‘They said in all probability I would die without chemotherapy. I apologised to Edgar for the way I was, but his reply was “you’re worth it, Mary”. He completely supported my decision.
‘In the end, I beat the cancer with a one-off “experiment” which involved an implant in my abdominal cavity.
‘They said it wouldn’t make me feel sick – which was a complete lie. I spent six hours lay in bed retching, which made my phobia even worse.’
A second diagnosis in 1999 – of breast cancer – could thankfully be treated with just a lumpectomy and radiotherapy.
But it was after Edgar lost his battle with pancreatic cancer in 2012 that Mrs Steward finally decided to tackle her phobia.
She said: ‘After Edgar was diagnosed, he went downhill fairly quickly as there was no cure. He ended up in a hospice and died when I was 79.
‘Edgar was fabulous company and made my life for me, despite my fear.
When she was young, her parents believed she was anorexic as she limited her diet to prevent sickness
I came home and realised I was too old too work but no longer had a husband to look after.
‘I felt pathetic but realised that I might have another ten years to live so I might as well try and cure myself.’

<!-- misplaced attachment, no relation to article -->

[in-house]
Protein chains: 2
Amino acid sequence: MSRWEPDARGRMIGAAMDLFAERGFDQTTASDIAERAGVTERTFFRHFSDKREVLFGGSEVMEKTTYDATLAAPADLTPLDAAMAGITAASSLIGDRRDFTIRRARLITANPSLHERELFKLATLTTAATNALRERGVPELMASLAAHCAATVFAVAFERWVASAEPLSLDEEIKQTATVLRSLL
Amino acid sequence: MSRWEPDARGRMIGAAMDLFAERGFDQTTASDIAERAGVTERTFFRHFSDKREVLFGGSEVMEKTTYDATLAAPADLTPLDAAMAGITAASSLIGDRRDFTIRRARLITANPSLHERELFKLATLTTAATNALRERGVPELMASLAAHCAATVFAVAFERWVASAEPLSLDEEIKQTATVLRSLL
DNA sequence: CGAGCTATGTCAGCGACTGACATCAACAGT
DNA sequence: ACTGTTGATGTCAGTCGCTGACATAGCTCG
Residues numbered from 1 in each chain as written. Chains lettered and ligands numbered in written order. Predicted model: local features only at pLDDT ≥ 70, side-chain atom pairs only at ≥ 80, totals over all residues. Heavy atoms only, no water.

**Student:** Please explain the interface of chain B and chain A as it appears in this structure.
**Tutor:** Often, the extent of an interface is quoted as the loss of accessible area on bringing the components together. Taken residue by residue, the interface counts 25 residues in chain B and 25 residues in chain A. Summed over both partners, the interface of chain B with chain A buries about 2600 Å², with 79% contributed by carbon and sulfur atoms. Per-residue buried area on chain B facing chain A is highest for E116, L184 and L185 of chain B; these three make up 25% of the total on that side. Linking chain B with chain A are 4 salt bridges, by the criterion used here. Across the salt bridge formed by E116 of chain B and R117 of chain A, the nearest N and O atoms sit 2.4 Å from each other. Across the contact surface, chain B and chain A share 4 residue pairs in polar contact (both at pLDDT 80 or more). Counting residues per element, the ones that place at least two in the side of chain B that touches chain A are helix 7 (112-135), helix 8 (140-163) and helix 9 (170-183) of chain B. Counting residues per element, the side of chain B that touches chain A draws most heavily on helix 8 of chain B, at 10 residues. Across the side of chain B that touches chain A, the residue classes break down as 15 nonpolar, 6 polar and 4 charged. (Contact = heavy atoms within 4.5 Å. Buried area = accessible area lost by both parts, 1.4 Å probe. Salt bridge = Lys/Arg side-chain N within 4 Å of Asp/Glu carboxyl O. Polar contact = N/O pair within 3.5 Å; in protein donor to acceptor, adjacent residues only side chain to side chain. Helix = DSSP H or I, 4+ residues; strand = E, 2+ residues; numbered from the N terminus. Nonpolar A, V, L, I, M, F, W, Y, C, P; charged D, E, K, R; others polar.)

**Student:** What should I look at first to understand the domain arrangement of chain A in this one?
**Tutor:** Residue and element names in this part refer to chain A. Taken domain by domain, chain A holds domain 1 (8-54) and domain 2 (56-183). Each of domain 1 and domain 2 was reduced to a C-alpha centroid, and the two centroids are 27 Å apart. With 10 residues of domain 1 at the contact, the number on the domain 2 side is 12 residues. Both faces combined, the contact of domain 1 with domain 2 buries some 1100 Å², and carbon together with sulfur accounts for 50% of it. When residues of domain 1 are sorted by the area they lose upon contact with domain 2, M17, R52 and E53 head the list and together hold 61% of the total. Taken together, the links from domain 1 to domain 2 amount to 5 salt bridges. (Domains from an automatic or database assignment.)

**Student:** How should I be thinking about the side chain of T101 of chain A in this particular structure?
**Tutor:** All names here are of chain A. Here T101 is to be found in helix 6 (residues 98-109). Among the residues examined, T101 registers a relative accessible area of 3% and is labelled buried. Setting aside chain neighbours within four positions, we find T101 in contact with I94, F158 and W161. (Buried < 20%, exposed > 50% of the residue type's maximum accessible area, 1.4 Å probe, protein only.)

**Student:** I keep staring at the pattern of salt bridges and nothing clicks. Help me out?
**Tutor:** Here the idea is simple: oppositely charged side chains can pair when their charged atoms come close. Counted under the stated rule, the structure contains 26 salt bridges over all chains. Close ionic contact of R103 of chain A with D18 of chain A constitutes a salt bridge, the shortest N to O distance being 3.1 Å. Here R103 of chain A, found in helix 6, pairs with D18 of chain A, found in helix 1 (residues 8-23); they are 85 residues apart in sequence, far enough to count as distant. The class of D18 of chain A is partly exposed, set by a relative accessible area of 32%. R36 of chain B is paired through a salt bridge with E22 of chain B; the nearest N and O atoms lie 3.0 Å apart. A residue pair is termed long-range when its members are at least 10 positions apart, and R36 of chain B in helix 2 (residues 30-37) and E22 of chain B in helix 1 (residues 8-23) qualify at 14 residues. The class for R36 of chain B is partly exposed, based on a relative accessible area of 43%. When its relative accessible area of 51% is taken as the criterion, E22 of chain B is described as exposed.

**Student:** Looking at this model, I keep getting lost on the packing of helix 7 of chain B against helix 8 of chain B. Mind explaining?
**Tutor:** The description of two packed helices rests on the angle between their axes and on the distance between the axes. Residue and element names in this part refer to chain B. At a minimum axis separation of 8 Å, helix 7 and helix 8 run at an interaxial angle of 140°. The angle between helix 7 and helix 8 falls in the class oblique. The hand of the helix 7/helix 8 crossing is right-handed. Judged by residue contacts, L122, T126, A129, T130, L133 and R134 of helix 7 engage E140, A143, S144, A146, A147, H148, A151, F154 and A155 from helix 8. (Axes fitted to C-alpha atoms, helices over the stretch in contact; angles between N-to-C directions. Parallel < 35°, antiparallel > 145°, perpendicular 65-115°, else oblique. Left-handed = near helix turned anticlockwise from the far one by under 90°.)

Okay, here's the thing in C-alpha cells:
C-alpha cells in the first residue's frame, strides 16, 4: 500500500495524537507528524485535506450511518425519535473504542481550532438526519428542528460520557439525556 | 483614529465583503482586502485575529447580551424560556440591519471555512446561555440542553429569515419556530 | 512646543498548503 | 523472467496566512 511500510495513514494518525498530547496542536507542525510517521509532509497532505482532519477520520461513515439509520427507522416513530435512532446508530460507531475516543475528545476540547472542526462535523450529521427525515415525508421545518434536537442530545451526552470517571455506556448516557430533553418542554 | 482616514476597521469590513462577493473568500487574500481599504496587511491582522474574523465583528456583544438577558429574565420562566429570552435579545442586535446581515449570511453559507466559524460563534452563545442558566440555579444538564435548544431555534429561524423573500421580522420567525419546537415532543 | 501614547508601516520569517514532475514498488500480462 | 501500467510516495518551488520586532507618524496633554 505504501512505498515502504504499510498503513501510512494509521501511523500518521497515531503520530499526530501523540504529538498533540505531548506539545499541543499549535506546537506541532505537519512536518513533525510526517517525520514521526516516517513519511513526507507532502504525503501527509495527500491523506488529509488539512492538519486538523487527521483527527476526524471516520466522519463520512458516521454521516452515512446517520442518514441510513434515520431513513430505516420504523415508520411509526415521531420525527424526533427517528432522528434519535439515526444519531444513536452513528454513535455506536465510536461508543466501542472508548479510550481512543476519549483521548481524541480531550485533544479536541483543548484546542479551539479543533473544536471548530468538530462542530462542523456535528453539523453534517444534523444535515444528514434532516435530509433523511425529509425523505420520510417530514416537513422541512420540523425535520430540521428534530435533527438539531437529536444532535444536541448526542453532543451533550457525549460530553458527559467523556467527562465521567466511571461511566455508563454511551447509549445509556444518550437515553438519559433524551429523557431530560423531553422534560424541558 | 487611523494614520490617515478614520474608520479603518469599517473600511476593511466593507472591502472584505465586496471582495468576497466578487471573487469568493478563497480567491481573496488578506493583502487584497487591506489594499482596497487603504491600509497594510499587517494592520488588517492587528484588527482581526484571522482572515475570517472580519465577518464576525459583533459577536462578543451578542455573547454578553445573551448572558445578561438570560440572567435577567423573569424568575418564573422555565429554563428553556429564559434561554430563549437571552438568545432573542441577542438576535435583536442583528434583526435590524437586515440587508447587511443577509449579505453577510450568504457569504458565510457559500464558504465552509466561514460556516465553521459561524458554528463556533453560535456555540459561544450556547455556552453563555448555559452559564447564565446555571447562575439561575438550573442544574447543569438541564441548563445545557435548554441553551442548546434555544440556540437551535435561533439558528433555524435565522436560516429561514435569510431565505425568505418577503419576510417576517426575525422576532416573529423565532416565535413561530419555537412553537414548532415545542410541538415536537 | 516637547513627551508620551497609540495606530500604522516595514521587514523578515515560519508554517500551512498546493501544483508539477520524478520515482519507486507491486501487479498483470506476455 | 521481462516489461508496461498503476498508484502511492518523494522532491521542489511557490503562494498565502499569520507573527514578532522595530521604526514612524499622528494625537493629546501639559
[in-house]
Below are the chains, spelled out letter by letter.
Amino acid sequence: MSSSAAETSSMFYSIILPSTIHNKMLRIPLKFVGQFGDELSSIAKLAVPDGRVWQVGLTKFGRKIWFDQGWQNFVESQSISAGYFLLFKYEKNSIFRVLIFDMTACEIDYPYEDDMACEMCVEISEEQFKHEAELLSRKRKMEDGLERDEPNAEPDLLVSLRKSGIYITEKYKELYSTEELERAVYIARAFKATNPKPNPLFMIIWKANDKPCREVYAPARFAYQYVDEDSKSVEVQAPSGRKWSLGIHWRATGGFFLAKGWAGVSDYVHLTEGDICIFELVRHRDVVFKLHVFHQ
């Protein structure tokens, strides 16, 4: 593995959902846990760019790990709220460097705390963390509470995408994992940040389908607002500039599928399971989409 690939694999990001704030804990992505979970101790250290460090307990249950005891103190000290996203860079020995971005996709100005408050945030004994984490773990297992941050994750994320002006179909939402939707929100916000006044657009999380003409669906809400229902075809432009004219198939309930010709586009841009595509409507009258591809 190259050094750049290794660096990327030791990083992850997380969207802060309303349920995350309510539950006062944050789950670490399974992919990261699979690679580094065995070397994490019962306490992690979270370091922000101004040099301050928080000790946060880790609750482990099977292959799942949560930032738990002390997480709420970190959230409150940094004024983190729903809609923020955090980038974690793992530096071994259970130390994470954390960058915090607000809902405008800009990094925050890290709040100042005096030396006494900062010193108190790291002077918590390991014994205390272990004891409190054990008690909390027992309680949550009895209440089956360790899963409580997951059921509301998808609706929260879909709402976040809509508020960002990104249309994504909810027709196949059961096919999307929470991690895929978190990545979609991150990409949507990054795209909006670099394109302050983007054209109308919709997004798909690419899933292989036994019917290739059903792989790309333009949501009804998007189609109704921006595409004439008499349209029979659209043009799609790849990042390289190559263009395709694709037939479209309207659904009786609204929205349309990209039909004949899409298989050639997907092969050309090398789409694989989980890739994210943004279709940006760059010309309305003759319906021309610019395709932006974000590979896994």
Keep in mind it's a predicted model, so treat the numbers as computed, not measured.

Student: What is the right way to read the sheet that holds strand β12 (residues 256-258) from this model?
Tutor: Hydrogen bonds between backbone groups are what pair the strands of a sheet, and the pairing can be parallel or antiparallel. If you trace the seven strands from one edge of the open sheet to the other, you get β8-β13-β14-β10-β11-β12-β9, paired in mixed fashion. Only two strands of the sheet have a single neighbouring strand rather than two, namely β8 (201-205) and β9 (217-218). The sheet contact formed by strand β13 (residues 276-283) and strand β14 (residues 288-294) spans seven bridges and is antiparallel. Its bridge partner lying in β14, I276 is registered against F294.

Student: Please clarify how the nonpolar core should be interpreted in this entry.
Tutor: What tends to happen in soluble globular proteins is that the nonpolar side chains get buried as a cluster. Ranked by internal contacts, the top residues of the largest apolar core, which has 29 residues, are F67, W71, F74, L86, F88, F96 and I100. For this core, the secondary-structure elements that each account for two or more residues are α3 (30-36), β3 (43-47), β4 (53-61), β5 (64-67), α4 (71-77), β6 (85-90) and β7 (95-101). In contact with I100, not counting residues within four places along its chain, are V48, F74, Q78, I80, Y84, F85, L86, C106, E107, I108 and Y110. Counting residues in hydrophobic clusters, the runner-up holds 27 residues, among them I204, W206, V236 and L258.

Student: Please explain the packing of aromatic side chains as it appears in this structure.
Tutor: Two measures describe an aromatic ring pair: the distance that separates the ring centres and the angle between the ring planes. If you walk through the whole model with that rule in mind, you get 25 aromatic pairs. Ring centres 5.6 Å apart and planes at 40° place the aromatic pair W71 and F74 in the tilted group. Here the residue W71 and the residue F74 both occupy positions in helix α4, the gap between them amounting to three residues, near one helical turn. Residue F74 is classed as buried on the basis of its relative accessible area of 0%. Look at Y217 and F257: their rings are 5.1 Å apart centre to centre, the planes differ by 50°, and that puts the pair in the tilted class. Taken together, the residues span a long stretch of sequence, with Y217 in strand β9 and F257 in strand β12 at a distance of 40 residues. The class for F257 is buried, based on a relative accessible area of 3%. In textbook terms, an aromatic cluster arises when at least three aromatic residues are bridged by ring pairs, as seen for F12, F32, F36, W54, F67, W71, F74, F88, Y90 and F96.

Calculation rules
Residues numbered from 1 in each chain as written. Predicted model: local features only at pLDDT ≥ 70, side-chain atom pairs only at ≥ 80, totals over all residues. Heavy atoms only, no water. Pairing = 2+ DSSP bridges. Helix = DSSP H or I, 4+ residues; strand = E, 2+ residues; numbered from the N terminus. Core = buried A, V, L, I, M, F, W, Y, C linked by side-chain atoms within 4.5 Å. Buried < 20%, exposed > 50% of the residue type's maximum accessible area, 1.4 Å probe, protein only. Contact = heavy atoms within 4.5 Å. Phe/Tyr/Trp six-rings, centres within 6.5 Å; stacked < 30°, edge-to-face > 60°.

Mrs Steward came across a book online called Cure Your Emetophobia & Thrive: The Research-backed Self-help Programme to Overcome Your Fear of Being Sick.
Following the steps in the workbook, she contacted author Rob Kelly to say that although she found it helpful, she’d hit a brick wall.
She said: ‘The biggest thing for me was realising that other people also suffered with it. I’d had no idea. The book had really started to help, teaching me to have control over my own thoughts.
‘At the end of last year, Rob phoned me out of the blue to see how I was getting on. He arranged to come from Cambridge to my house for a consultation.
‘It’s not called therapy because with Thrive, the patient cures themselves.
‘As I got better, I realised that one day I would probably wake up and think “eureka!” I thought that if I was sick, I would enjoy it after all this time – though a friend soon corrected me on that one.
It’s difficult to say that I’m cured because I haven’t been sick since my treatment, so I still don’t know how I feel about it.
‘I only wish I’d done something about it sooner, so I wouldn’t have spent 75 years worrying unnecessarily about something. I could have even had children and grandchildren – life would have been very different.’
Read more: http://www.dailymail.co.uk/health/article-3117996/The-woman-terrified-vomit-Teacher-refuses-children-shuns-chemotherapy-fear-sick.html#ixzz3cgbk7BPX